There are those who like to quote the mantra, “Children are our future.” While I certainly agree with that sentiment, I’d like to point out what those people sometimes forget: “Children are our today.”

That child in your neighborhood or church doesn’t have to wait 18 years before he or she has meaning to God, or until that person can make a difference in God’s world! Christ works today, right now, in and through the lives of children that surround you. His Holy Spirit has instituted no age limit on his grace or power. Maybe it’s time we began to partner with him in that understanding, to pray unselfishly for those kids he’s using to make a difference today?

So try this:

Go to a nearby park (or indoor location if weather is inclement) where children gather. Don’t stalk anybody or act weird or scare a parent or child—but sit at a distance where you can see children playing. Then begin a conversation with Jesus about each child you observe.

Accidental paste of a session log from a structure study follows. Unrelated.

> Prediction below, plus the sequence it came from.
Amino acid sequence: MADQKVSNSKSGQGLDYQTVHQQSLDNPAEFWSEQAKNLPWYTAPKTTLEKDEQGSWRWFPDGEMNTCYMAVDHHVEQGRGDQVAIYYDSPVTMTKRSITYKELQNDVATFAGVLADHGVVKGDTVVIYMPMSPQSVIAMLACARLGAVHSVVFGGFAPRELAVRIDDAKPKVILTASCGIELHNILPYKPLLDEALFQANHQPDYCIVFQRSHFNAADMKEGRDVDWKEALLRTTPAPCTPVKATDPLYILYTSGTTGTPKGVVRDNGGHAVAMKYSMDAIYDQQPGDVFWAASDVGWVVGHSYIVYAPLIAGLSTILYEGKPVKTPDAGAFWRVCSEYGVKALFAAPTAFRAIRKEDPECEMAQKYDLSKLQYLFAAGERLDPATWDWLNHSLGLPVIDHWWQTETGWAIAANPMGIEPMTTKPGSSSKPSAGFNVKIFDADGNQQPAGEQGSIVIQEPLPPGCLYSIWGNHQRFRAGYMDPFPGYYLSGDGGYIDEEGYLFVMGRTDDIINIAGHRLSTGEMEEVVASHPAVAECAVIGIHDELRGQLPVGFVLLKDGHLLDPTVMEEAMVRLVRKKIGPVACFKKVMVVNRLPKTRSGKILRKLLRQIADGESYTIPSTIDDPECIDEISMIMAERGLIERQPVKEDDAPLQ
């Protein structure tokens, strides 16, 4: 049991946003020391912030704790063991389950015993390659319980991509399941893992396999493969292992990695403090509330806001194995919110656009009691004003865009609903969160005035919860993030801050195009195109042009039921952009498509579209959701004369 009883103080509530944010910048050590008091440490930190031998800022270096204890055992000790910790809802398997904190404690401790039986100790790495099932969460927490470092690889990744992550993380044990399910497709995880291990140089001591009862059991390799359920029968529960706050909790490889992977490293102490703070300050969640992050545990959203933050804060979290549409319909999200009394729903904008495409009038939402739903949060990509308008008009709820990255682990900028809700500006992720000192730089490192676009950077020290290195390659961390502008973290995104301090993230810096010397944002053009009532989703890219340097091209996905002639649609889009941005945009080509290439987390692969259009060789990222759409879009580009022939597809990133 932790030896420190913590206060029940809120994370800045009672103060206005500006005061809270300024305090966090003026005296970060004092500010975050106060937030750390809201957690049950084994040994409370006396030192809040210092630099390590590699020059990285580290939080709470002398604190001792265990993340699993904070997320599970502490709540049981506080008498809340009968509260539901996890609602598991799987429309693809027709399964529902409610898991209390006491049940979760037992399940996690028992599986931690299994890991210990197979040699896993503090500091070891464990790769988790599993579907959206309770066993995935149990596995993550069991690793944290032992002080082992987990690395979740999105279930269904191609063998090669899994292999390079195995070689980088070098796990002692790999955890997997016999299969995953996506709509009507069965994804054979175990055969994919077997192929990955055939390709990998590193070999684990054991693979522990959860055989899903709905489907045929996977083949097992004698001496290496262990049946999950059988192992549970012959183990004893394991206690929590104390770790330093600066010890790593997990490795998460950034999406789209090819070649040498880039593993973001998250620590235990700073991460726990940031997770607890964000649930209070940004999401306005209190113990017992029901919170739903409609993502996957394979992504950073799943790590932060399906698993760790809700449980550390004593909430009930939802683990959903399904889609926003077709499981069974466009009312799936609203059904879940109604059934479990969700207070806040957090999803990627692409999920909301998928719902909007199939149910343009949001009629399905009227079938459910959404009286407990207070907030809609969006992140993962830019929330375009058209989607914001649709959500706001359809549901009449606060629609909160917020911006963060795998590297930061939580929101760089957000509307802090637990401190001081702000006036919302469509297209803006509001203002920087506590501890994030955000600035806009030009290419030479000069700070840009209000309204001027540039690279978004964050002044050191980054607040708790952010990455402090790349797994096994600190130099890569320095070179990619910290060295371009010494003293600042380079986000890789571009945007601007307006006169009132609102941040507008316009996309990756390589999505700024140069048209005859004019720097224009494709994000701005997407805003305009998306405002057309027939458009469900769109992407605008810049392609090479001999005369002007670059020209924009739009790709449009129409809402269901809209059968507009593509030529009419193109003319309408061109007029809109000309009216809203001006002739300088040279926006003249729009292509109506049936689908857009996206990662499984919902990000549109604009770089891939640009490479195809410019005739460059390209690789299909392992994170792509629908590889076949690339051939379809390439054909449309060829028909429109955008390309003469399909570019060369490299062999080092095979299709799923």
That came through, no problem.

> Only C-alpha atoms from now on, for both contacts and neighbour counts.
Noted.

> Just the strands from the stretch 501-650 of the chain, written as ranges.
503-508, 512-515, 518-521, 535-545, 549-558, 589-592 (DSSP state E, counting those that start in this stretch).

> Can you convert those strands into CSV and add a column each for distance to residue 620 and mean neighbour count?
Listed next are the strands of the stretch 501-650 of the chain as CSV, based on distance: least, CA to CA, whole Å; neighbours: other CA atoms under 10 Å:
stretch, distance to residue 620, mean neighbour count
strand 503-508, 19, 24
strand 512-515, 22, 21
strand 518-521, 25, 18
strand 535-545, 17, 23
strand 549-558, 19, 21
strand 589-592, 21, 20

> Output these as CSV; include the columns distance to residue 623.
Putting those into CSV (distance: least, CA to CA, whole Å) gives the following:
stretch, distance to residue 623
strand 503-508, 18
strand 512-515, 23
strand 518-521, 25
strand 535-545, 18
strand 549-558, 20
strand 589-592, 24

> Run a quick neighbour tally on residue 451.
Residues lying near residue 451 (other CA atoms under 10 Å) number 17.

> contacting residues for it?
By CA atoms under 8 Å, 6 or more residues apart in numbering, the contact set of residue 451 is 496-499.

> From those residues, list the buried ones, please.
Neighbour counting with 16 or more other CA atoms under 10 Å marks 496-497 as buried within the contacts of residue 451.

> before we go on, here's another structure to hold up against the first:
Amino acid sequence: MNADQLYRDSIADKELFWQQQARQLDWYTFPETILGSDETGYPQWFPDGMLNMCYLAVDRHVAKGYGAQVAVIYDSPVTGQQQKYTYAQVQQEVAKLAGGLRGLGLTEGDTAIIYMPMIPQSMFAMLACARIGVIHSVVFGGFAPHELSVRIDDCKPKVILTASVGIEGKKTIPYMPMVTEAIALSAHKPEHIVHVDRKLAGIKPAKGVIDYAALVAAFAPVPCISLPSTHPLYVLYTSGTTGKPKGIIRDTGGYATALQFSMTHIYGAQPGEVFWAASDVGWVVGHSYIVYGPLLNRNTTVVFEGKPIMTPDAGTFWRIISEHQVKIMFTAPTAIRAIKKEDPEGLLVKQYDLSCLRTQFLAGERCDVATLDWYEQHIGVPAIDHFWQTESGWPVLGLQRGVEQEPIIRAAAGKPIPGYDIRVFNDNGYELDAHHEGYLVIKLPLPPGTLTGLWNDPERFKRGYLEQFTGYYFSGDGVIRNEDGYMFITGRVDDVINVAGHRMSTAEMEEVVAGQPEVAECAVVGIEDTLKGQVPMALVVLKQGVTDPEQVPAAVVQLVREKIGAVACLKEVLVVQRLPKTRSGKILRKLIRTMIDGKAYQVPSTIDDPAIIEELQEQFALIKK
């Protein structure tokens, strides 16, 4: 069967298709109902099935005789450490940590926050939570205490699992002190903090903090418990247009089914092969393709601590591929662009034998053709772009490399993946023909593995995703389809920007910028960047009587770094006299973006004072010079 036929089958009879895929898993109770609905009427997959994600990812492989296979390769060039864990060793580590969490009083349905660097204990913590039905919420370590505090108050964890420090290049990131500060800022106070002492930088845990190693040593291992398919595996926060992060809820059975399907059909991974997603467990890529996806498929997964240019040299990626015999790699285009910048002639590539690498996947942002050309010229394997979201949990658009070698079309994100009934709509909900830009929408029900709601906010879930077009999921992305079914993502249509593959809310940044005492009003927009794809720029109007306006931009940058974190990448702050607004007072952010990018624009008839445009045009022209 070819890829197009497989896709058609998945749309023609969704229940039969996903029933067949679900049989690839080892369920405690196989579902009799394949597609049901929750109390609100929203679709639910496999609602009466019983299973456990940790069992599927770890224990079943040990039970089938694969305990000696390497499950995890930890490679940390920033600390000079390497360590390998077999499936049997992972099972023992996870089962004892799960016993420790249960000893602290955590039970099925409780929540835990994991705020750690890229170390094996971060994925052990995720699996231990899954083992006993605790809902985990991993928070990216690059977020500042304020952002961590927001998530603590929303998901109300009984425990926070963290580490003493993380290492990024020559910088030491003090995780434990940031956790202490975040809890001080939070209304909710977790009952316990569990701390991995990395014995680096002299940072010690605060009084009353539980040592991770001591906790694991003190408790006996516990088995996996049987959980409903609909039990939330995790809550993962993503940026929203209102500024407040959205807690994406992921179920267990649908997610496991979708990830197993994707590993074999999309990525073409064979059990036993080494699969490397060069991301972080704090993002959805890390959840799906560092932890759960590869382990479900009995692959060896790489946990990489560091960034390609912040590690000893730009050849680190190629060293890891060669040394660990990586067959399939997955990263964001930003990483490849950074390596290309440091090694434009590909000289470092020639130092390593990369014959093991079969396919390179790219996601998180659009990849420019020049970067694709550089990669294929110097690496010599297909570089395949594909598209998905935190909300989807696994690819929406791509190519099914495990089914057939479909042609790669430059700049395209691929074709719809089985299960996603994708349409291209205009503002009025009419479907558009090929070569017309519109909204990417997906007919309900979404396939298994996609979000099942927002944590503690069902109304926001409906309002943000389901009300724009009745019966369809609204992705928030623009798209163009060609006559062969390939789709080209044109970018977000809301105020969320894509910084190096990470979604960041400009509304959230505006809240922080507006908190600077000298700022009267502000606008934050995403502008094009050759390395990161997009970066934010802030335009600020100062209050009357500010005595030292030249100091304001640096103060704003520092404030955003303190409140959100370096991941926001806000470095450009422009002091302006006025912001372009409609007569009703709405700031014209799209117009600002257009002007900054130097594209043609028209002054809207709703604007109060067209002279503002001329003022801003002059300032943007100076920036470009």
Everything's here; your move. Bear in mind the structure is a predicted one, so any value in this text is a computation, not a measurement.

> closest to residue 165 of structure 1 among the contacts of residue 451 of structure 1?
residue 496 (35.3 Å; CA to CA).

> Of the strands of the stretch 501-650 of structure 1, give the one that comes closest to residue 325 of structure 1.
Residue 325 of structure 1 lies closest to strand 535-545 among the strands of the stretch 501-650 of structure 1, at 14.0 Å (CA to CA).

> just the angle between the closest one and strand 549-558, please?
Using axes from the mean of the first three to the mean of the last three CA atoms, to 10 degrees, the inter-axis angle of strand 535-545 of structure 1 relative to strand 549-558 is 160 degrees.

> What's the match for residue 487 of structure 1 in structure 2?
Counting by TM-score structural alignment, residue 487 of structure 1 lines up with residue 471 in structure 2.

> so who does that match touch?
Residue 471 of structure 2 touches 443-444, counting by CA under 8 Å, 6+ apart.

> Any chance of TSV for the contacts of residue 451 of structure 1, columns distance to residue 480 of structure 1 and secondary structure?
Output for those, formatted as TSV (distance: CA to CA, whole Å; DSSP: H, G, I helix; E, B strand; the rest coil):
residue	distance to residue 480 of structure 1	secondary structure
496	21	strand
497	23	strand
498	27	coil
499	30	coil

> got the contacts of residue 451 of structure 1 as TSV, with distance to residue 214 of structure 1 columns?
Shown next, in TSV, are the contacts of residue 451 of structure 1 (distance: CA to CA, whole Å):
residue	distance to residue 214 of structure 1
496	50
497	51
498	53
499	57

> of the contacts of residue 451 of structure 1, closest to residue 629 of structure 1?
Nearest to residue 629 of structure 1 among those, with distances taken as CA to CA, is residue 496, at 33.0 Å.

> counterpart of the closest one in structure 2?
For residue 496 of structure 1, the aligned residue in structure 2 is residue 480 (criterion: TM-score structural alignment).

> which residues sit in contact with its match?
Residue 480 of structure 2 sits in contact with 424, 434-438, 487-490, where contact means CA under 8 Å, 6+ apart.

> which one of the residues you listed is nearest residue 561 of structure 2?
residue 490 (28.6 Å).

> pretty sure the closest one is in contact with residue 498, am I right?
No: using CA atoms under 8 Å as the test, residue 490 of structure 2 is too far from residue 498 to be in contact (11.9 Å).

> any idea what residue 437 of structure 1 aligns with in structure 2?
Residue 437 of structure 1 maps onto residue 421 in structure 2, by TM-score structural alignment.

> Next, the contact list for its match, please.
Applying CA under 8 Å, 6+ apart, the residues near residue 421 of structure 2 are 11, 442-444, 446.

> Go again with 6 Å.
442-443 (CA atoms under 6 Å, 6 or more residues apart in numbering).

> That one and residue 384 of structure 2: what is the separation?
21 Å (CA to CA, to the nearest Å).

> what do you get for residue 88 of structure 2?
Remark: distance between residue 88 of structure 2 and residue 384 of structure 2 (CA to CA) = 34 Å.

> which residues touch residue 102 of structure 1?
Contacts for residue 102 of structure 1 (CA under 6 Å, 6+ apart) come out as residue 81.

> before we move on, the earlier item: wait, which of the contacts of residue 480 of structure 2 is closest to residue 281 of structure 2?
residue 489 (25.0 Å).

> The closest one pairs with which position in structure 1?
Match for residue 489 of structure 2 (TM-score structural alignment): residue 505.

That little red-haired girl? Pray that God will guide her steps and use her words to encourage someone today. That copper-skinned boy laughing as he streaks down the slide? Ask Jesus to fill his heart with joy that lasts for eternity. The shy one who hangs back and doesn’t join in the fun? Pray for the Holy Spirit to meet that child in a meaningful, life-affirming way today, and tomorrow, and forever

You get the idea. Ready? Go!

5. Groaning Prayer

This prayer concept is drawn from Romans 8:26-27 (NIV):

“In the same way, the Spirit helps us in our weakness. We do not know what we ought to pray for, but the Spirit himself intercedes for us through wordless groans. And he who searches our hearts knows the mind of the Spirit, because the Spirit intercedes for God’s people in accordance with the will of God.”